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Clark Lane's Geni Profile

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Robert Clark Lane

Birthdate:
Birthplace: Mt. Healthy, Hamilton Co., Ohio, United States
Death: Died in Elkhart, Elkhart Co., Indiana
Place of Burial: Greenwood Cemetery, near Mt. Healthy, Hamilton Co., Ohio
Immediate Family:

Son of John Lane and Rosanah Lane
Husband of Sally Corriell Lane and Augusta Swift Wood
Father of Ella C. Lane; Frank Lane; Harry O. Lane; J. Edgar Lane; Jacob C. Lane and 4 others
Brother of Aaron Van Doren Lane; Abram Crum Lane; Daughter Lane; Garret L. Lane; George Lane and 6 others

Occupation: Started in smithing business at 16. After his failed partnership in Dayton, Clark returned to Hamilton where after years of trials he eventually became a very successful businessman in smithing and manufacturing of machinery. "The climax of our business
Managed by: Hatte Anne Blejer
Last Updated:

About Clark Lane

A native of Hamilton County, Clark Lane was born 5 April 1823, the son of John and Rosanah Lane. He was born in a one-room log cabin on the farm of his parents. The property at the junction of Hamilton Avenue and Mill Road was still in family hands at the time of his death in 1907. His parents had come to Ohio from New Jersey in 1793 and settled 10 miles north of Cincinnati. According to a page compiled from a Lane family Bible, he was named Robert Clark Lane, but the first name was seldom if ever used.

Clark was a Hamilton industrialist and philanthropist. Lane, who first came to the Butler County area at age twenty-one as a blacksmith.

See the website of the Lane Libraries for much more about the biography of this abolitionist, philanthropist, and entrepreneur.

"Clark Lane's determined belief on slavery, the burning issue of its time, was shared by other members of the Lane family. According to One Square Mile, a history published by the Mt. Healthy Historical Society in 1992, the Lane home was said to be a station on the so-called “underground railroad.” Feelings ran so high in Mt. Healthy that the Christian Church (Disciples of Christ) closed its doors for five years over the question of slavery."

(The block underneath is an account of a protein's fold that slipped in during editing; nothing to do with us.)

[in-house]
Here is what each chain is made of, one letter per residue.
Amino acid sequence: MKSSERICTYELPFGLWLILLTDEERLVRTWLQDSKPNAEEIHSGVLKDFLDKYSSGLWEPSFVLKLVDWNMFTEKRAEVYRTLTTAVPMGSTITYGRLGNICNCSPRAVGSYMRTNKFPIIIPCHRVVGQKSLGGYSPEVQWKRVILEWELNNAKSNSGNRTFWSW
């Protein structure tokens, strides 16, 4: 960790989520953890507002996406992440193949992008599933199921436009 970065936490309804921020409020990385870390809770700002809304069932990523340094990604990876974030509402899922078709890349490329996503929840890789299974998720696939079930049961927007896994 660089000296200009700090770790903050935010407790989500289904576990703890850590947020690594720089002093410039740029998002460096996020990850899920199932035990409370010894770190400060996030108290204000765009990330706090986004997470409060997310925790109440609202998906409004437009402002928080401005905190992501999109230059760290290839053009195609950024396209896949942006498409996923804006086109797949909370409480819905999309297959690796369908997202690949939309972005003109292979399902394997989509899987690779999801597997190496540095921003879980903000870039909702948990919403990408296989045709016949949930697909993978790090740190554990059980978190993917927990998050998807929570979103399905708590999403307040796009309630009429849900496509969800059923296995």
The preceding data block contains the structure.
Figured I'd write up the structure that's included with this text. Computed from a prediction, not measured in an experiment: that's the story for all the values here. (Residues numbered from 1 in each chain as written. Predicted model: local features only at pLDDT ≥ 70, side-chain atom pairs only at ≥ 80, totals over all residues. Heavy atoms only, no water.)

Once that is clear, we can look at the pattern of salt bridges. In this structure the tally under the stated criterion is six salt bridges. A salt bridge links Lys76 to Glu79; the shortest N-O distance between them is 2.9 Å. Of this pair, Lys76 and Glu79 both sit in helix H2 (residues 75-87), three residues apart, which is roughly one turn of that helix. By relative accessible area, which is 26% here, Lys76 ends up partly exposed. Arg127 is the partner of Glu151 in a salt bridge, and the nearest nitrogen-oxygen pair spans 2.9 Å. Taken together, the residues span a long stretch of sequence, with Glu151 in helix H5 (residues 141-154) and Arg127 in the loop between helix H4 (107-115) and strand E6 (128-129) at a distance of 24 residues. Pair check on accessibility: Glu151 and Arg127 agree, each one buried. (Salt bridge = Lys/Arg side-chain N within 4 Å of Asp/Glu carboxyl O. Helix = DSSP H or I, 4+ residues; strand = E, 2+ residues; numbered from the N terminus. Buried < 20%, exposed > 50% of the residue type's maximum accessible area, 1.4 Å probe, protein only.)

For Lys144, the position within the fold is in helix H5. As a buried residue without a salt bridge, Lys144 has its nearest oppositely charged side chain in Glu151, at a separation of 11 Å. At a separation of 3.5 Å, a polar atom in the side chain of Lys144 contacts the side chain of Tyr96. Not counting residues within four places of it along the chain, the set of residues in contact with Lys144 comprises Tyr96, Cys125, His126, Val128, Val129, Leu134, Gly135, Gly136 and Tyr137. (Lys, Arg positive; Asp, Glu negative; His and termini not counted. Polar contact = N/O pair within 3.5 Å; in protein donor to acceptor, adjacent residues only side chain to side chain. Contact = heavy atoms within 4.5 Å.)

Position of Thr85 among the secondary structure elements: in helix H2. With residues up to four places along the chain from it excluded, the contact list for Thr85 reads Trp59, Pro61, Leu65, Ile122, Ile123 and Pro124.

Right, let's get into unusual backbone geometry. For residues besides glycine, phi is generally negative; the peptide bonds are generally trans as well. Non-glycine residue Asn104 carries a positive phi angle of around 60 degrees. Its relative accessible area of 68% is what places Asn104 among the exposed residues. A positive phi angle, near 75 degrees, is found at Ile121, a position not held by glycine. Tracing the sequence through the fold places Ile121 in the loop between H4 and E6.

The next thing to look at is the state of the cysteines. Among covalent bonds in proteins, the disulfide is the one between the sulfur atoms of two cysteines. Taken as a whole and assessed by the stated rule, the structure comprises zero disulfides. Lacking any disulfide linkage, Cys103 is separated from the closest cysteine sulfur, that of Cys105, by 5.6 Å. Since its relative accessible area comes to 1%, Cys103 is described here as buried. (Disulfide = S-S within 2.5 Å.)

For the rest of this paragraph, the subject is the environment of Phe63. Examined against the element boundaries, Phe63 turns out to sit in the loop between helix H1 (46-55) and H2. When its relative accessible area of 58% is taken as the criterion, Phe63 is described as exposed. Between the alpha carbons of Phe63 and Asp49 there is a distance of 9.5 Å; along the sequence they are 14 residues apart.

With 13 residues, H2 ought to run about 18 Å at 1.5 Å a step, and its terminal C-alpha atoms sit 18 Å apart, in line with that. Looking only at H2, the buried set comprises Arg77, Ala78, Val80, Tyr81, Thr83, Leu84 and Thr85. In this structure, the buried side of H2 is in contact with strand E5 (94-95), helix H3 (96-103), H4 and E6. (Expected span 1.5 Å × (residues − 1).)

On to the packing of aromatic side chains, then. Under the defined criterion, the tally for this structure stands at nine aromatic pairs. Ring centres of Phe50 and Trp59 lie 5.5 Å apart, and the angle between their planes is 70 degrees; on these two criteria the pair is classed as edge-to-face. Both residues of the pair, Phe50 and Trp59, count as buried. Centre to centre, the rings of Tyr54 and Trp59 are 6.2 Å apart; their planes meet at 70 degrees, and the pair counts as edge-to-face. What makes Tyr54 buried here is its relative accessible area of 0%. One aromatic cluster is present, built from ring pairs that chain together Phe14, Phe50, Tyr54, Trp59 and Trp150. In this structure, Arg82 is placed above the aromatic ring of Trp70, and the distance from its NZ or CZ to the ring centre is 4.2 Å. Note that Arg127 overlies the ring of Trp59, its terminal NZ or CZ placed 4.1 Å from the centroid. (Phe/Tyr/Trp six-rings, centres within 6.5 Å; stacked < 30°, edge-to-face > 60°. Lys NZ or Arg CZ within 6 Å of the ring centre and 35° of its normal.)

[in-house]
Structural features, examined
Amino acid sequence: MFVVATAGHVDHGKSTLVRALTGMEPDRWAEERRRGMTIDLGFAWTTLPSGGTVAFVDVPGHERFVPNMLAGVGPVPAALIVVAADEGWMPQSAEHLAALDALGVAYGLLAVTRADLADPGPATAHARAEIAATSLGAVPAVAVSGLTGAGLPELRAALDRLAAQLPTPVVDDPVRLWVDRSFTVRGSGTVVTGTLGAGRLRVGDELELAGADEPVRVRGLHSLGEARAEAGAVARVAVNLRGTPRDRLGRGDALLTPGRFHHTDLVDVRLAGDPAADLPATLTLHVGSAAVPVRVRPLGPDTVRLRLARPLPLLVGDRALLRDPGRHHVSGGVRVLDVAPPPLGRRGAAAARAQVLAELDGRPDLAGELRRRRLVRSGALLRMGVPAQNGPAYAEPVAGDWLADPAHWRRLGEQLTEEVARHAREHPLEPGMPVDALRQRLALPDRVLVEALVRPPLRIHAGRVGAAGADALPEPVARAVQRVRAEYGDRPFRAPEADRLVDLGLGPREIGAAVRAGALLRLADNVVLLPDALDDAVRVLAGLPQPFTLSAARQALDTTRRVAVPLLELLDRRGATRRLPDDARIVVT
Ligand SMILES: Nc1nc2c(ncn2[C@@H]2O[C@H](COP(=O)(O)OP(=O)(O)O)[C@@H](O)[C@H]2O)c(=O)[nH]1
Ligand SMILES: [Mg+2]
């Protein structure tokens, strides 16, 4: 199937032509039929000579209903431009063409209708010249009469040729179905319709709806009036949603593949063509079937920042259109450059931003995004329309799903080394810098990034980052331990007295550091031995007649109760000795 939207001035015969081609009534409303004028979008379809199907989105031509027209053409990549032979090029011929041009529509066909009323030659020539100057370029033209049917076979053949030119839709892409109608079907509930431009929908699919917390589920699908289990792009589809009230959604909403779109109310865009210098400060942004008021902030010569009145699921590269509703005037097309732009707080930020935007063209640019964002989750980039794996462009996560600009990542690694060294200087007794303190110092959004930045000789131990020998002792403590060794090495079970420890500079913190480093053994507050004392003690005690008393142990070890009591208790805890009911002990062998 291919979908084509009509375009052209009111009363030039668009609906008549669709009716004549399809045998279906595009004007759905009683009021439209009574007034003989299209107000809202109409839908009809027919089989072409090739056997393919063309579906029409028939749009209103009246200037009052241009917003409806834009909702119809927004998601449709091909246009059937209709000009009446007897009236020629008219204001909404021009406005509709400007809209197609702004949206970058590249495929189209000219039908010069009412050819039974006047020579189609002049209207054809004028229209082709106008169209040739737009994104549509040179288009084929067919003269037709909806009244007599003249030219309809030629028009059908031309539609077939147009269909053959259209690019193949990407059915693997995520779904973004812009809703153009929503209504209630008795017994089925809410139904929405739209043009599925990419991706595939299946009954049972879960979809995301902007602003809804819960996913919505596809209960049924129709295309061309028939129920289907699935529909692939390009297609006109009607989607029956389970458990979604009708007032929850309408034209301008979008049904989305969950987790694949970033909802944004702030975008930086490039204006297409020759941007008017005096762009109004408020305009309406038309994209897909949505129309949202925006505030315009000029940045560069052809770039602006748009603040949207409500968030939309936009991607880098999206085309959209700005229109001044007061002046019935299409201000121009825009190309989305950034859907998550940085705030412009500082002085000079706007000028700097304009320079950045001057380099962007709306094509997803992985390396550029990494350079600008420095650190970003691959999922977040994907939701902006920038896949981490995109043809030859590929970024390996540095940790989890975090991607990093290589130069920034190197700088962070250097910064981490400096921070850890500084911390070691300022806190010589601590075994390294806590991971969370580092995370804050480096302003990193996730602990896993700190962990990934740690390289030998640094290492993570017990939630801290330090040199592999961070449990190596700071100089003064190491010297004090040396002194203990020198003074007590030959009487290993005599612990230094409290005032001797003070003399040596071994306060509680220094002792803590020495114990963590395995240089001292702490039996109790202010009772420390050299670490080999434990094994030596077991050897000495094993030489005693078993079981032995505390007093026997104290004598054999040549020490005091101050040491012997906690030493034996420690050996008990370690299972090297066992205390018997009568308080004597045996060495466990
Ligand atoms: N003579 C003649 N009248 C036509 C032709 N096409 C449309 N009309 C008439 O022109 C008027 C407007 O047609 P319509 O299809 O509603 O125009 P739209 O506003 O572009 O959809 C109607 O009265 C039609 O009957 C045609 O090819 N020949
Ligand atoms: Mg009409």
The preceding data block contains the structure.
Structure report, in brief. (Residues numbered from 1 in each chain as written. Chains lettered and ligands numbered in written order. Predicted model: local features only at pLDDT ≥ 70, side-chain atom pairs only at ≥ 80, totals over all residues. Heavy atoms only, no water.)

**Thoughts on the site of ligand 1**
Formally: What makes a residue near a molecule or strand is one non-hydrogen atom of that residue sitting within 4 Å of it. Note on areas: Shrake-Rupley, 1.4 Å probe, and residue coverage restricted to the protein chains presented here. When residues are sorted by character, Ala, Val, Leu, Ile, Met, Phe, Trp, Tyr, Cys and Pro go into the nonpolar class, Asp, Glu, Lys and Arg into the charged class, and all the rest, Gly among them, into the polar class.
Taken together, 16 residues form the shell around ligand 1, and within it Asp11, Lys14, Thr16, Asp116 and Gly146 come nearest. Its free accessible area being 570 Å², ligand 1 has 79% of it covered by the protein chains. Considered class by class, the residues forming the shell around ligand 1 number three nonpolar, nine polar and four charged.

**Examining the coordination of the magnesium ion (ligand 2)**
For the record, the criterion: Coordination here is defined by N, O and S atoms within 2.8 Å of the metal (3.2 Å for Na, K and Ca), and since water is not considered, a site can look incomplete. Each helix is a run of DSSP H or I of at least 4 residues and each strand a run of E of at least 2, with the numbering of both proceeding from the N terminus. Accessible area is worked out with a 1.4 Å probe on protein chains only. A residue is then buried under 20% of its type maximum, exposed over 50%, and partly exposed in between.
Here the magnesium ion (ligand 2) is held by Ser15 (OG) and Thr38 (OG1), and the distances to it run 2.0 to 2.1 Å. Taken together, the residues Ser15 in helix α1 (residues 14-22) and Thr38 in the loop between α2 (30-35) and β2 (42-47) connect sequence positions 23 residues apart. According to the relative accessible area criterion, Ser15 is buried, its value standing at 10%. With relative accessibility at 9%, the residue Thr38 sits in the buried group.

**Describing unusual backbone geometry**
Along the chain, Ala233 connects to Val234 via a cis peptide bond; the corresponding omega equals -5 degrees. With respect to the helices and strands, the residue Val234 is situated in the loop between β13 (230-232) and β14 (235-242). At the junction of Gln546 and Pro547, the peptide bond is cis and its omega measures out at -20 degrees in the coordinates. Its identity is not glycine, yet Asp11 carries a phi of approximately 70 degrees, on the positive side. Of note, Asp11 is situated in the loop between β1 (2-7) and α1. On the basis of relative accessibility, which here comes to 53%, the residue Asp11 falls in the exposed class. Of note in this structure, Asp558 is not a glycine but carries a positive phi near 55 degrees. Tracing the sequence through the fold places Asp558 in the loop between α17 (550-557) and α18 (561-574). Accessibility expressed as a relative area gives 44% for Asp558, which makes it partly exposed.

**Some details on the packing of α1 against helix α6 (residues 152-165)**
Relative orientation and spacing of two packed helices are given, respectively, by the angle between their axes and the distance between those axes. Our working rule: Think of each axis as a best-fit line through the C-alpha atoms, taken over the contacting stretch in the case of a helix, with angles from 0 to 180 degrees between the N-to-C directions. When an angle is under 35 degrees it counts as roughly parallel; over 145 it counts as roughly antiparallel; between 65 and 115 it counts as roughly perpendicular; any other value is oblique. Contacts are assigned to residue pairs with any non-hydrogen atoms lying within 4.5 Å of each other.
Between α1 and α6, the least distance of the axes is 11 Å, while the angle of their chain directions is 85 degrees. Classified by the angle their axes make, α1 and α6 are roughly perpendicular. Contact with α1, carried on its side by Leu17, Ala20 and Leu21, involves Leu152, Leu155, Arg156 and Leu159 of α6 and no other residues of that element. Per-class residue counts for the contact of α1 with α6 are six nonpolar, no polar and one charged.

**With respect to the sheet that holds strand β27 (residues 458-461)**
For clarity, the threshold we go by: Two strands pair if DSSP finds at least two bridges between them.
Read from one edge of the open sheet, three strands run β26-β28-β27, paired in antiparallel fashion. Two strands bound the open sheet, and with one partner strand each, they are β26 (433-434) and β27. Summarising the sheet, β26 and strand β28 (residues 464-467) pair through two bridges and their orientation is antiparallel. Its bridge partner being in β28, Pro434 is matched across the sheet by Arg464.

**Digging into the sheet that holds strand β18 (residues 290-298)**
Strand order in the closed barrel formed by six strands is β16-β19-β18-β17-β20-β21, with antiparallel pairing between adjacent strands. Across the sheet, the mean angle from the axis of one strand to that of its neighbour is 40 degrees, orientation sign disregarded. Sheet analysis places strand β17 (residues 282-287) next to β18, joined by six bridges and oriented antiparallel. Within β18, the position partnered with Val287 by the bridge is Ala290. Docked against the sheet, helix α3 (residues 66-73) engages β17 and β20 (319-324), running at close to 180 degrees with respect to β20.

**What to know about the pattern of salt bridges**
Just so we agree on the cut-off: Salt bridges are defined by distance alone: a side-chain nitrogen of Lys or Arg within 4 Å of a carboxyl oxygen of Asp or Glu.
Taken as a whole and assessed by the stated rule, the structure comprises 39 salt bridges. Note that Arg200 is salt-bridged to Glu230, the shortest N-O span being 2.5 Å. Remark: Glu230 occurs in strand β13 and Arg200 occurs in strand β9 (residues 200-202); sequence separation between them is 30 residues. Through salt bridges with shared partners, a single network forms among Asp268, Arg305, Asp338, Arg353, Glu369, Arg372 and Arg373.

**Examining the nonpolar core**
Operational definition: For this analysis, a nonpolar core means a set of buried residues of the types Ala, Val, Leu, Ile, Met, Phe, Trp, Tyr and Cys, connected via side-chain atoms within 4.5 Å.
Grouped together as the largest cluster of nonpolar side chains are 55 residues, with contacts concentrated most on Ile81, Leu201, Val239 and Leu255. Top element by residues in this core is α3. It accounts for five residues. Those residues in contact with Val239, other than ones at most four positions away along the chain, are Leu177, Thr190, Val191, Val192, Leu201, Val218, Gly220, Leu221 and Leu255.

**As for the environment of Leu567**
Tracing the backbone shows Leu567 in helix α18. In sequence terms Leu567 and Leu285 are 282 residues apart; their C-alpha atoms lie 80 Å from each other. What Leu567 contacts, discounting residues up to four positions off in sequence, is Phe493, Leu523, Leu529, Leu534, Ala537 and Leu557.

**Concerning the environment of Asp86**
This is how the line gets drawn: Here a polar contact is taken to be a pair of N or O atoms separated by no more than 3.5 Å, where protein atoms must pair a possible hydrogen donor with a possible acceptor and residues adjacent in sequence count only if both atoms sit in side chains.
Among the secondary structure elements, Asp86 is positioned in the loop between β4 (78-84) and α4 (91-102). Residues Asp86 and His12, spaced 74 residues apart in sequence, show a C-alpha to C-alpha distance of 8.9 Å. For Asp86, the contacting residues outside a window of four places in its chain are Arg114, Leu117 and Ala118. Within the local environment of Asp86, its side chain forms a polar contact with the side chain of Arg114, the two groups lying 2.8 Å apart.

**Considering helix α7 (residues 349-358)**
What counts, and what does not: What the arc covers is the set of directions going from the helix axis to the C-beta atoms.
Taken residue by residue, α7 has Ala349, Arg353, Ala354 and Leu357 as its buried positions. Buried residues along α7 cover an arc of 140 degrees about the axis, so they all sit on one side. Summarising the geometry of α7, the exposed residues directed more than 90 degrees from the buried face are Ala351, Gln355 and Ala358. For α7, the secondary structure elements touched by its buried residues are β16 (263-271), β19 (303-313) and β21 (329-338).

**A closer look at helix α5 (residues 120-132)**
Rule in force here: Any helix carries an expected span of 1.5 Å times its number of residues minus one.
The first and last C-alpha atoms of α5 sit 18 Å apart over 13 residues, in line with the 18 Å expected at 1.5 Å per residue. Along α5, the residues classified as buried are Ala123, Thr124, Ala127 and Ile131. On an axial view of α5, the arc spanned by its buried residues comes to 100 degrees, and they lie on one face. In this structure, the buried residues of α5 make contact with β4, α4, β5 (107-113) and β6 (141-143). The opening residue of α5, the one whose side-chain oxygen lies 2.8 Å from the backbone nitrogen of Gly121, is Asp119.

"...There is evidence that the Lane home was a stop on the Underground Railroad that helped slaves to freedom prior to the Civil War..."

"...in 1844 there was a presidential election: James K.Polk, Henry Clay and James G. Birney, the latter being the Liberty Party candidate, who advocated abolition. Clark Lane recorded that he was a confirmed abolitionist since the age of 16. “Day following said election the smoke and flame and cursings of pro-slavery wrath burst upon me with such threatening of violence... that my contract though but half done had to be abandoned....” In Hamilton, or more specifically, the town of Rossville, he was denounced as “an abolitionist, an idiot, fool and traitor to his country.” He decided to seek opportunities and residence elsewhere and booked passage for Dayton, Ohio..."

..."I was an abolitionist, I voted for Birney, the abolition candidate," Lane recalled in an 1892 interview. "Next morning, Brown (the wagon maker) came into the shop, and in language more forcible than polite, told me, that no abolitionist should work in his shop."

Sources:

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Clark Lane's Timeline

1823
April 4, 1823
United States
1844
1844
Age 20
1844
Age 20
1845
December 25, 1845
Age 22
Dayton, Montgomery Co., Ohio
1846
October 12, 1846
Age 23
Ohio
November 20, 1846
Age 23
1846
- 1876
Age 22
Hamilton, Butler Co., Ohio
1849
January 14, 1849
Age 25
Ohio
1850
December 31, 1850
Age 27
Ohio
1853
August 18, 1853
Age 30
Hamilton Co., Ohio